The old cliche “the rich get richer and the poor stay poor” isn’t wrong, but it is incomplete. As it turns out, the middle class is getting poorer.
That’s the word from the Pew Research Center’s analysis of recent data from the U.S. Census Bureau, anyway, that concluded that the portion of all wages earned in America by the middle class has slumped from 62% to 43% since 1971.
That money isn’t being redirected to the lower class earners either: They’re still pocketing the same 9% of earned income they were seeing nearly 50 years ago.
It’s the upper class making (relatively) more now. Where the rich earned 29% of all wages paid in the U.S. in 1971, now they lay claim to 49% of all money earned.
In that light, one can’t help but wonder if the people behind 2012’s Occupy Wall Street were on to something about the so-called wealthiest one percent.
And it’s not as if the trend is poised to reverse course anytime soon. Between the rising cost of healthcare, groceries and education, discretionary/disposable income has withered away faster than the middle class’ portion of the total income earned in the United States.
Who Loses When the Middle Class Goes Away?
Some business can weather a temporary economic lull … but this isn’t temporary.
The shrinking net incomes of the middle class are taking a toll on all sorts of industries, including the obvious ones like retail, but also the less obvious ones like life insurers, fashion brands and brokerage firms.
As evidence of this growing desperation, one only has to look at the recent tactic Metlife (MET) employed of installing kiosks in Walmart (WMT) stores as a means of reaching the important middle class customer it’s seeing less and less of.
It’s not just something Metlife is imagining either: The proportion of households that are covered by any degree of life insurance has fallen from 30% to less than 20% over the course of the past 30 years.
Then again, Walmart may not even be able to bring middle class customers to Metlife the way it used to.
It seems an unusual idea, but for some items, even Walmart isn’t the low-price leader; and even where it is, its previous middle class customers may simply be visiting the store less.
WMT’s recent growth has been rather stagnant despite respectable turnaround efforts, which may tacitly indicate a decent-sized sliver of its target demographic has slipped away, if only in terms of the total number of visits and dollars spent at its stores.
The vanishing middle class has also taken a toll on some companies investors wouldn’t suspect at first. Although, with a little thought, their strengthening headwind makes sense.
Ralph Lauren (RL) is one of them.
Although Ralph Lauren remains profitable and is driving sales growth, it’s been lackluster progress. It’s an idea that comes as a surprise, in that Polo and Ralph Lauren names are brands lumped into the “luxury” category … at least in investors’ minds.
In reality, Ralph Lauren is pseudo-luxury, best fitting into a category deemed “aspirational,” meaning it was a preferred brand that mostly appealed to the middle and even lower class consumer that was aiming to align their look with an attention-getting brand name.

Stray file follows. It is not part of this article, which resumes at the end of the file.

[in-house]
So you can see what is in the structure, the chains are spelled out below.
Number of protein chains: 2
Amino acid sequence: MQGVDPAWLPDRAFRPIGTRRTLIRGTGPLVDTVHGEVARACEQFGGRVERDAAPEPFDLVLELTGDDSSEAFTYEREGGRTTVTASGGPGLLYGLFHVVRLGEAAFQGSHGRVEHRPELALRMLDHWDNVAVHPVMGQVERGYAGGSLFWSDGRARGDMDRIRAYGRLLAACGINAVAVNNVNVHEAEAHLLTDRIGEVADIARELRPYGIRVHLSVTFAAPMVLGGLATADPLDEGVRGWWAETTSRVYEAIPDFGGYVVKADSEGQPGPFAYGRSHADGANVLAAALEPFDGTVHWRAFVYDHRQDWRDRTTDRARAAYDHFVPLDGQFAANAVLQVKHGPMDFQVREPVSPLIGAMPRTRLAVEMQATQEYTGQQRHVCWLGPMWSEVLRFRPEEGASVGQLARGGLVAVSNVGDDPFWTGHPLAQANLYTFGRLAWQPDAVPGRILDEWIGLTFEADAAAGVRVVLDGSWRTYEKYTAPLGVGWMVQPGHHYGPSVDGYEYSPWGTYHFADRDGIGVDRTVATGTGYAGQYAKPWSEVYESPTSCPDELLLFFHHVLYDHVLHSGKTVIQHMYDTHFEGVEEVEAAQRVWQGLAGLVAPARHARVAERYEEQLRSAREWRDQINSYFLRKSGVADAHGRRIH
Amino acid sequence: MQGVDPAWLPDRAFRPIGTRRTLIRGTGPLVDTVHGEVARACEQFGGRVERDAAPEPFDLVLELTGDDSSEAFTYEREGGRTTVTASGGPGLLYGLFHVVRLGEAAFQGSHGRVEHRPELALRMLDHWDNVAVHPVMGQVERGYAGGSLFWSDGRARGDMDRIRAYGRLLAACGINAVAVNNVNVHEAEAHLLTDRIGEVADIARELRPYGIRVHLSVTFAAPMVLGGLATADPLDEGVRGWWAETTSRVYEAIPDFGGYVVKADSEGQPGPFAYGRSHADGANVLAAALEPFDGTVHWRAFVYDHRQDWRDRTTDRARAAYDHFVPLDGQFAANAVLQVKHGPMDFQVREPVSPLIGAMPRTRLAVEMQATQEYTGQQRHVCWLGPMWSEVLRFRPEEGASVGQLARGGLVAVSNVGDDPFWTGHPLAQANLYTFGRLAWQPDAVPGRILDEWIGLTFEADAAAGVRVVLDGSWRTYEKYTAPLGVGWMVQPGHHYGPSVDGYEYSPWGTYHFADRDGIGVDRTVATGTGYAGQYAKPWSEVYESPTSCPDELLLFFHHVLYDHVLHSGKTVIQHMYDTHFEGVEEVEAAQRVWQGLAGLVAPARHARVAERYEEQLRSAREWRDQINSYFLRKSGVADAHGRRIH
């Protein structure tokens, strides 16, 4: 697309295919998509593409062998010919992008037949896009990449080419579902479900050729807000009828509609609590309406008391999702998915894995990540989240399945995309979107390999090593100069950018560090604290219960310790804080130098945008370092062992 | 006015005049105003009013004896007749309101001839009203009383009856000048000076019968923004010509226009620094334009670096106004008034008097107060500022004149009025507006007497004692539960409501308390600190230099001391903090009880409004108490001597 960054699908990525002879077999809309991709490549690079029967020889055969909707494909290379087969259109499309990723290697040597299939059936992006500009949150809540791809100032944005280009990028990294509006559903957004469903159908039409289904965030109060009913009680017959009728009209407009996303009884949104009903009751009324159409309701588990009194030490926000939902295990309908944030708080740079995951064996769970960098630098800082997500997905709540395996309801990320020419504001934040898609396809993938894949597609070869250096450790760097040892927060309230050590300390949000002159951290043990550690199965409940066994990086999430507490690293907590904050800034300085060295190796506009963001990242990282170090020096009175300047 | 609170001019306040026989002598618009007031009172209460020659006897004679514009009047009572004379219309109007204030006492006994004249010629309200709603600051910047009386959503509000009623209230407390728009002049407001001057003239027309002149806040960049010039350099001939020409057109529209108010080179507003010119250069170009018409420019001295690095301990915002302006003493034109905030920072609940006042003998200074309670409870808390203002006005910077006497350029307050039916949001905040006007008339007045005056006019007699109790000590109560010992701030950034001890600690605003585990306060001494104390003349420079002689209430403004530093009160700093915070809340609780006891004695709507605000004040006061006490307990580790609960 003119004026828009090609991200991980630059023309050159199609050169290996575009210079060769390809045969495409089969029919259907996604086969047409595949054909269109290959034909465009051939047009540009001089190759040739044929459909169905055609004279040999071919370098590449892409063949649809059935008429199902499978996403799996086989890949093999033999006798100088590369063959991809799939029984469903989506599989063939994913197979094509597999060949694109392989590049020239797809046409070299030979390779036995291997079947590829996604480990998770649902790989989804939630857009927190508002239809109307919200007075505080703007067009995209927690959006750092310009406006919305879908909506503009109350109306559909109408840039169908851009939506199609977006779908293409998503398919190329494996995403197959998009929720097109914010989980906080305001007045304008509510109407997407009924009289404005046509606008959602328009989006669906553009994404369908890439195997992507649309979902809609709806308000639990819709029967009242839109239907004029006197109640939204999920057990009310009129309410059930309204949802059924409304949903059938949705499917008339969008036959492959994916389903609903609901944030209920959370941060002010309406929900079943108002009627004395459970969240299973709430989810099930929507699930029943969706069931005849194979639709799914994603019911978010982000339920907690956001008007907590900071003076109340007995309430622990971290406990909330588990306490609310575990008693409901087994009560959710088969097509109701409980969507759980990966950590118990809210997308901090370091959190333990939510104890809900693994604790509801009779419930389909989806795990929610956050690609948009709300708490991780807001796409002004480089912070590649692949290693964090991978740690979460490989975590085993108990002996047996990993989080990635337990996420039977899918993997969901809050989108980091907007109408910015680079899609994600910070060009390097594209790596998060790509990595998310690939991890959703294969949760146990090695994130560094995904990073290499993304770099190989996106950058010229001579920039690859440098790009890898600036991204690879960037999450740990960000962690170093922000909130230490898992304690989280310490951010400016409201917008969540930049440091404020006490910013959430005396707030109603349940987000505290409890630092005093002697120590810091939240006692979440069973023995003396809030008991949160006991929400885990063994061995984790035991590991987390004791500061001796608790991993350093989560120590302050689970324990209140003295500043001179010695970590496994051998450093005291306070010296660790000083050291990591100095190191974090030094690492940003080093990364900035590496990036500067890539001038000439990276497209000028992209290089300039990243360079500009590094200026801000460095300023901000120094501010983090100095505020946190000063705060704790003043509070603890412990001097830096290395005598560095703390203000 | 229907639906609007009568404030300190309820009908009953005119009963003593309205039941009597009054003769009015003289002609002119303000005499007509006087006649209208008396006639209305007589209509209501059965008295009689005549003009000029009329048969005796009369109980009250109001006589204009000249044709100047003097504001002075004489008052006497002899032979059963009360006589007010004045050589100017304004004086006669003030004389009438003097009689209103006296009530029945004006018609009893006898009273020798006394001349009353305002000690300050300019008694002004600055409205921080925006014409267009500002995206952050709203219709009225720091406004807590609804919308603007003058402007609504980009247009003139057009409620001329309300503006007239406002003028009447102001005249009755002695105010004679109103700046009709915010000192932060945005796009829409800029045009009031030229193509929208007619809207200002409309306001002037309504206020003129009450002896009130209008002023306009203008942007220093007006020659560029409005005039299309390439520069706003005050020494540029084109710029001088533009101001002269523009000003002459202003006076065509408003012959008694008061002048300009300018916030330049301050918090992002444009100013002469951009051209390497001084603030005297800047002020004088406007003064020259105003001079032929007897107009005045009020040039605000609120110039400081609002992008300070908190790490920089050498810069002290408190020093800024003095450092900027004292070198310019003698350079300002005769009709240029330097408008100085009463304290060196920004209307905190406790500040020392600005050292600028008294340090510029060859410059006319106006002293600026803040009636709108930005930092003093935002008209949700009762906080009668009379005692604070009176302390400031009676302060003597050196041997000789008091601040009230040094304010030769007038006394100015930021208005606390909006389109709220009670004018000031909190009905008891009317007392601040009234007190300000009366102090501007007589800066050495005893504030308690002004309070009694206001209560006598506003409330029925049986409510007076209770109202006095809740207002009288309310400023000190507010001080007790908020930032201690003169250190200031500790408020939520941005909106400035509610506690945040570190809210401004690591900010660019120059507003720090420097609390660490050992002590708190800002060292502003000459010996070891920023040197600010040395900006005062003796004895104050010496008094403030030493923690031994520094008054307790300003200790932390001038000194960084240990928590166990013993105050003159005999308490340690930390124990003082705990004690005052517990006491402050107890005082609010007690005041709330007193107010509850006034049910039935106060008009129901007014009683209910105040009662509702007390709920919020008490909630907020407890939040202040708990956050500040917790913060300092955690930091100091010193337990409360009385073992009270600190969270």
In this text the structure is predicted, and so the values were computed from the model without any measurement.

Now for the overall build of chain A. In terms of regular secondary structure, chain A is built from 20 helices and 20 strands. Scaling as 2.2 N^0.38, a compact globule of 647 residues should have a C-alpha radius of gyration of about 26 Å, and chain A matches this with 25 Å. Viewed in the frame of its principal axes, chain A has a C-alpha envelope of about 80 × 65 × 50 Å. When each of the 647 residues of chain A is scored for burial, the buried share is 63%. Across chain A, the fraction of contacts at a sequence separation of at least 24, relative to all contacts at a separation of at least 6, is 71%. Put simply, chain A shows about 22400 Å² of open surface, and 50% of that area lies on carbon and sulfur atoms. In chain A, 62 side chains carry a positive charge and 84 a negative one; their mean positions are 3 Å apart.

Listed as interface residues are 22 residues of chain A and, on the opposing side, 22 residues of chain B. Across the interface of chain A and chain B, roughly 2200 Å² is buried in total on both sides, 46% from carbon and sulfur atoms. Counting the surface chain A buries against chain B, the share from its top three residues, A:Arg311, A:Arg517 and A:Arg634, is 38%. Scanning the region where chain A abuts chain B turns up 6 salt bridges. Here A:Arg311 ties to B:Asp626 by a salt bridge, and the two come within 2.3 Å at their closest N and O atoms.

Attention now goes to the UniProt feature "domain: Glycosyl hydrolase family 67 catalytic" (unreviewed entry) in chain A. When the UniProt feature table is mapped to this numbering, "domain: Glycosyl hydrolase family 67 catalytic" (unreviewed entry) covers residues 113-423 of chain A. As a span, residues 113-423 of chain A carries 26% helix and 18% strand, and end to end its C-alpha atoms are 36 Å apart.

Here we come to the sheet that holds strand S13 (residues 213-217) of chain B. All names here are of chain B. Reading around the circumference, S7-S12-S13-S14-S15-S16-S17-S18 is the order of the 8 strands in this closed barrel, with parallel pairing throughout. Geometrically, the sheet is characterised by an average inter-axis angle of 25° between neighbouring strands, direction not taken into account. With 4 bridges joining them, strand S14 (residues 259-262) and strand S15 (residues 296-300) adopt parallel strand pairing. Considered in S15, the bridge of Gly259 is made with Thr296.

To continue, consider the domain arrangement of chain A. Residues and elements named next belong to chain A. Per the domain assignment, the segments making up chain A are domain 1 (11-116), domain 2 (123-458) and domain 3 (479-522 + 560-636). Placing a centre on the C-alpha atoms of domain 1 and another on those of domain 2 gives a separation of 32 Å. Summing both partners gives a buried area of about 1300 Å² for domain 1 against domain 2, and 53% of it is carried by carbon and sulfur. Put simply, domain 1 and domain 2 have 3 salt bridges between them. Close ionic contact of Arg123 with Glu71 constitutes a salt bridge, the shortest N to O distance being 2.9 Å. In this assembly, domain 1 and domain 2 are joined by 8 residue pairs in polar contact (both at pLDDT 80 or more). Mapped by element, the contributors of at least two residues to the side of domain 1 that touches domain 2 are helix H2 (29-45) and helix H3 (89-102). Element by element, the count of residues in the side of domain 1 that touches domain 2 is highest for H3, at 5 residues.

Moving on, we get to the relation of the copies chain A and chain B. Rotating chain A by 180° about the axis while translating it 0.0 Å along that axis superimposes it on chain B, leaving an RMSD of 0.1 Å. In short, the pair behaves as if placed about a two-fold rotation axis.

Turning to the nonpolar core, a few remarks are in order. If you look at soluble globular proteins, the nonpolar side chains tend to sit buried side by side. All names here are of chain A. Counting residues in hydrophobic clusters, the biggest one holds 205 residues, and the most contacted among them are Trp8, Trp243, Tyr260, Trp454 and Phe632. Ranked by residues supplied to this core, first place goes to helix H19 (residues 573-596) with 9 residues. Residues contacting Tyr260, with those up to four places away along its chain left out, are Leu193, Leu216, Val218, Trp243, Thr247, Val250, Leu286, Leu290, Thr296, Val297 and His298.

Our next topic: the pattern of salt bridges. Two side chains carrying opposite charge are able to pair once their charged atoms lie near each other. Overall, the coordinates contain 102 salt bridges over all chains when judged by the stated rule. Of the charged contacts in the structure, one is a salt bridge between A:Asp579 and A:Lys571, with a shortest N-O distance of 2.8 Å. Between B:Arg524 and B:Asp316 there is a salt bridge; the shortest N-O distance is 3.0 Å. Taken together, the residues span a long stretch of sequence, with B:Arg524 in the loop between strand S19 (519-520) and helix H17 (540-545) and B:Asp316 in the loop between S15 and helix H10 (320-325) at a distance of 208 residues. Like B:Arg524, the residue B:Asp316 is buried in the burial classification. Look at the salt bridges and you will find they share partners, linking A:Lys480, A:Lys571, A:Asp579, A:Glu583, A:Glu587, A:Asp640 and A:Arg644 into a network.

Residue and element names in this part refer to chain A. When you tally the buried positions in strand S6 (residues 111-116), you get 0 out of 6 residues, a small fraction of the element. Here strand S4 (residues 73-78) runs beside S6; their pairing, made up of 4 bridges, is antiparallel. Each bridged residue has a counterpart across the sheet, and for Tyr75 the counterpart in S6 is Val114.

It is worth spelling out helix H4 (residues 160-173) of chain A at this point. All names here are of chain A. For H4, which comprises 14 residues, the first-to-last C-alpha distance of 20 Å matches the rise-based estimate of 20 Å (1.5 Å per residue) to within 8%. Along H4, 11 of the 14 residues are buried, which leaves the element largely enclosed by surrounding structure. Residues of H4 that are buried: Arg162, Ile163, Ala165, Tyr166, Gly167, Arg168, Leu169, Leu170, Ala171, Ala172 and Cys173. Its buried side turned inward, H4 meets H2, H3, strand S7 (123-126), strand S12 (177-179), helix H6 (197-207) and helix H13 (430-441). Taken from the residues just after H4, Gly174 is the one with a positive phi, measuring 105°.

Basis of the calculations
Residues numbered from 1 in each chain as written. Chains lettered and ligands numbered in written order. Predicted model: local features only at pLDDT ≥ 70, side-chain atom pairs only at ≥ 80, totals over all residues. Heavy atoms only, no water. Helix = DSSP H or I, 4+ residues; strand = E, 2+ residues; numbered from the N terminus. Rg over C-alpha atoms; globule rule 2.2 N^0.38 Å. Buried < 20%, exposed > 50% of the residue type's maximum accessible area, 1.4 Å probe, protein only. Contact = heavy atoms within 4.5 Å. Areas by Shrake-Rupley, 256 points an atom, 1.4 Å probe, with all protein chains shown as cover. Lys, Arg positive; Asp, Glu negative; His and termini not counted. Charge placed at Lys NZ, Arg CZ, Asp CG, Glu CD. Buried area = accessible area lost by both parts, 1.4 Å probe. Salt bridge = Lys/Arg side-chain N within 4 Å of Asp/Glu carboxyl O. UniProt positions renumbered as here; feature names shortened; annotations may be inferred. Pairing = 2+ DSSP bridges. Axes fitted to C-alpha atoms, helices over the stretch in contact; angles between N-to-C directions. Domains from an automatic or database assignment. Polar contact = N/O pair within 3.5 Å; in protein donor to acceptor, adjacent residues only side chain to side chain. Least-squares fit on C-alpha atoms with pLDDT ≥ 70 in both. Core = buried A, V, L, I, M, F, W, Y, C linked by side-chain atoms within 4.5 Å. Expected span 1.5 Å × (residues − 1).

Even that logic is being crimped by budget realities, as value — out of necessity — is forcing some shoppers to rethink purchased they may have made just a few years ago.
That’s not to say there aren’t winners in the midst of this transition. There are. They’re just fewer in number.
It’s not a matter of displaced or redirected spending dollars. It’s simply a matter of fewer consumer dollars.
That plays right into the hands of names like Family Dollar (FDO) and Dollar General (DG), both of whom sensed this opportunity and pulled the trigger on an effort to expand and beef up their traffic-driving efforts to keep the lower-end customer coming back, while also drawing some of the middle class demographic they weren’t drawing before fiscal push came to shove.
In fact, these stores are doing so well, they’re even reaching into the upper tier of the middle class.
A 2012 study done by McKinsey found that a respectable 14% of those U.S. consumers earning more than $75,000 per year were spending more at stores like Family Dollar and Dollar General, while spending less at other retailers. $75,000 per year isn’t what it used to be.
The Last Word
Looking to the future, expect more of the same. That is, though the Dow Jones Industrial Average may be pushing higher, the so-called Doug Jones Index that syndicated columnist Jim Hightower refers to (as a barometer for how the average man on the street is feeling) is slowly sinking.
And the conditions that are widening the disparity are nowhere near being unwound. The challenge for investors about how to best play the demise of the middle class is thinking in generational terms, rather than just thinking about next quarter’s results.
As of this writing, James Brumley did not hold a position in any of the aforementioned securities.
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